Dreamer Students in Arizona Lose In-State Tuition

By Molly Zilli, Esq. on April 11, 2018 | Last updated on March 21, 2019

The battle over immigration wages on. You've probably heard some mention of President Trump and the courts struggling over what to do about the Deferred Action for Childhood Arrivals (DACA) program. In the latest chapter of the saga, the Arizona Supreme Court has ruled that DACA students -- also called Dreamers -- cannot receive in-state tuition rates to attend Arizona schools, making higher education significantly more expensive for this subset of the population.

DACA Student Rates Triple

DACA refers to the federal program which allows immigrants who were brought to the U.S. illegally as children to defer deportation for two years (at which point they can apply for renewal of their enrollment). They are not given formal legal status, but are allowed to work and study legally in the U.S.

Dreamers have been able to receive lower in-state tuition rates at University of Arizona, Arizona State, and Norther Arizona University since 2015. At UA, for example, the in-state cost is $12,228 for new students, compared to $35,658 for non-resident undergrads. The rate differences are similar for Arizona's community colleges.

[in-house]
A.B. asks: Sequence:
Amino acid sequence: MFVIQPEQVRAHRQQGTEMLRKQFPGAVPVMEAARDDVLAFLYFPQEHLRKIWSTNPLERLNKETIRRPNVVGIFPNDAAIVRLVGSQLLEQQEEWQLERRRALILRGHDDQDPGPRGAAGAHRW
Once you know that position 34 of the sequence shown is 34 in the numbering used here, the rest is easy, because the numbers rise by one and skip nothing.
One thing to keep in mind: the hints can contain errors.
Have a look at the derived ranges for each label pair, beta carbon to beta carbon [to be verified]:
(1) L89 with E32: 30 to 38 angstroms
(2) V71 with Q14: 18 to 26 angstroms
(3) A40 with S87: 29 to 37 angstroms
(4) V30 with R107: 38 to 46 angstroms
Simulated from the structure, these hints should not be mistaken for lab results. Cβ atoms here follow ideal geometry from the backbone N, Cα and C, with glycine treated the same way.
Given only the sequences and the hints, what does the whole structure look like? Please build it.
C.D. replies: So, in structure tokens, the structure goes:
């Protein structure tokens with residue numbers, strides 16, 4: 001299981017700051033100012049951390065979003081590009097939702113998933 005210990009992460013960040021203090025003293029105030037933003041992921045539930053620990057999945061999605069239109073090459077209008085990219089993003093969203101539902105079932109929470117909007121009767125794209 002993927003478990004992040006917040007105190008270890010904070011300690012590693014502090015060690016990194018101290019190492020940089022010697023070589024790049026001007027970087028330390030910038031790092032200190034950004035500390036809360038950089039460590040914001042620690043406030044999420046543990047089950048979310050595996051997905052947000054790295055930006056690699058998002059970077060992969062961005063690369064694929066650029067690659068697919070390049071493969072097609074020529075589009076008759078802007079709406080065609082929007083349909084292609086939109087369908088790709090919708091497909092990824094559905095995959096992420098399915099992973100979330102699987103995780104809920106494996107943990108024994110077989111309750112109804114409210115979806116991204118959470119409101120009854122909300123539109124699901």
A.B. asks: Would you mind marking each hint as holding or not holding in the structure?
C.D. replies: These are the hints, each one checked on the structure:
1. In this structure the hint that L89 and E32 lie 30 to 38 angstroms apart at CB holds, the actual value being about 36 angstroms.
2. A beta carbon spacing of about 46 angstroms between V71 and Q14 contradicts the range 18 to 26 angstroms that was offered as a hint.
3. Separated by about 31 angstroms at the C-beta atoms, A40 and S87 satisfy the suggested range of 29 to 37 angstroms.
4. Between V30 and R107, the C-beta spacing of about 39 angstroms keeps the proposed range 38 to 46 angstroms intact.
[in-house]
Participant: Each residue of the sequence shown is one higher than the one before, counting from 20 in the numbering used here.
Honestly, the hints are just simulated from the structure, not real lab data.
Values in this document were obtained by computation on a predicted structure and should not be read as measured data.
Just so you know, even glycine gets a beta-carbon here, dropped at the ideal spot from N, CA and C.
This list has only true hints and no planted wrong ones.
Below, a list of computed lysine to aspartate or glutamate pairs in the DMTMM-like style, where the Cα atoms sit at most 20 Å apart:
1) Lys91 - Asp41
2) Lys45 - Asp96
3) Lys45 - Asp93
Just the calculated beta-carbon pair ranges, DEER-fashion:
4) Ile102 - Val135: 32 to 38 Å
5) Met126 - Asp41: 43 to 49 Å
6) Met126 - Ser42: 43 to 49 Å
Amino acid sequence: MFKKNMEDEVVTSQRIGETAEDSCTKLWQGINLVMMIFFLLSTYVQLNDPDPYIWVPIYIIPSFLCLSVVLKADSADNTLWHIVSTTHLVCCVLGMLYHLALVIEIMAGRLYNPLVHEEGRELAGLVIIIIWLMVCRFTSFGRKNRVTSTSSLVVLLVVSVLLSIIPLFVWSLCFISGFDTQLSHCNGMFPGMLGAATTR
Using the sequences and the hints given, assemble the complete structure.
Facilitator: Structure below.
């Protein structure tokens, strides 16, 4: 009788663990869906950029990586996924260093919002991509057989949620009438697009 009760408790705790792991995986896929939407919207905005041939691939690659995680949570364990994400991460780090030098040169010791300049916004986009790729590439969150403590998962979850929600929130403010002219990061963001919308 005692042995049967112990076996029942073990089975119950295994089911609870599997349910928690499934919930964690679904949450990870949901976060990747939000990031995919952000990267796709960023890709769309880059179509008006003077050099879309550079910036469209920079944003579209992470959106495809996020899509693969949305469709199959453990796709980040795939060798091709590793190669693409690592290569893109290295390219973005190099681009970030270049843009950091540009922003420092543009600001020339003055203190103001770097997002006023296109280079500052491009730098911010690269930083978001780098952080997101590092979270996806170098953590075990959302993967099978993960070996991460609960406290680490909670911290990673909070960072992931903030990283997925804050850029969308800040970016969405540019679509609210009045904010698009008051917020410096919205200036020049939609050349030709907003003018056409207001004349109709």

Court Rules In-State Rate for DACA Violates State, Federal Law

The state's Supreme Court has ruled that current law does not allow Arizona colleges and universities to grant in-state tuition to students who do not have permanent legal status. For one thing, Arizona voters passed a law in 2006 which says that any person who is not a U.S. citizen or legal resident, or is "without lawful immigration status" is not eligible to receive the same tuition rate as residents.

The justices did not release a full explanation of their ruling -- we can expect that on May 14 -- but wanted to announce their decision to give affected students as much time as possible to plan around the ruling.

In the meantime, the Arizona Board of Regents has introduced a plan to offer dreamers a tuition rate equal to one-and-a-half times the in-state rate. Once the justices release their full ruling, it may shed light on whether or not this proposal is consistent with state and federal law.

If you're concerned about your immigration status, DACA enrollment, or other immigration issues, contact an immigration attorney who can help you figure out the next steps to take.

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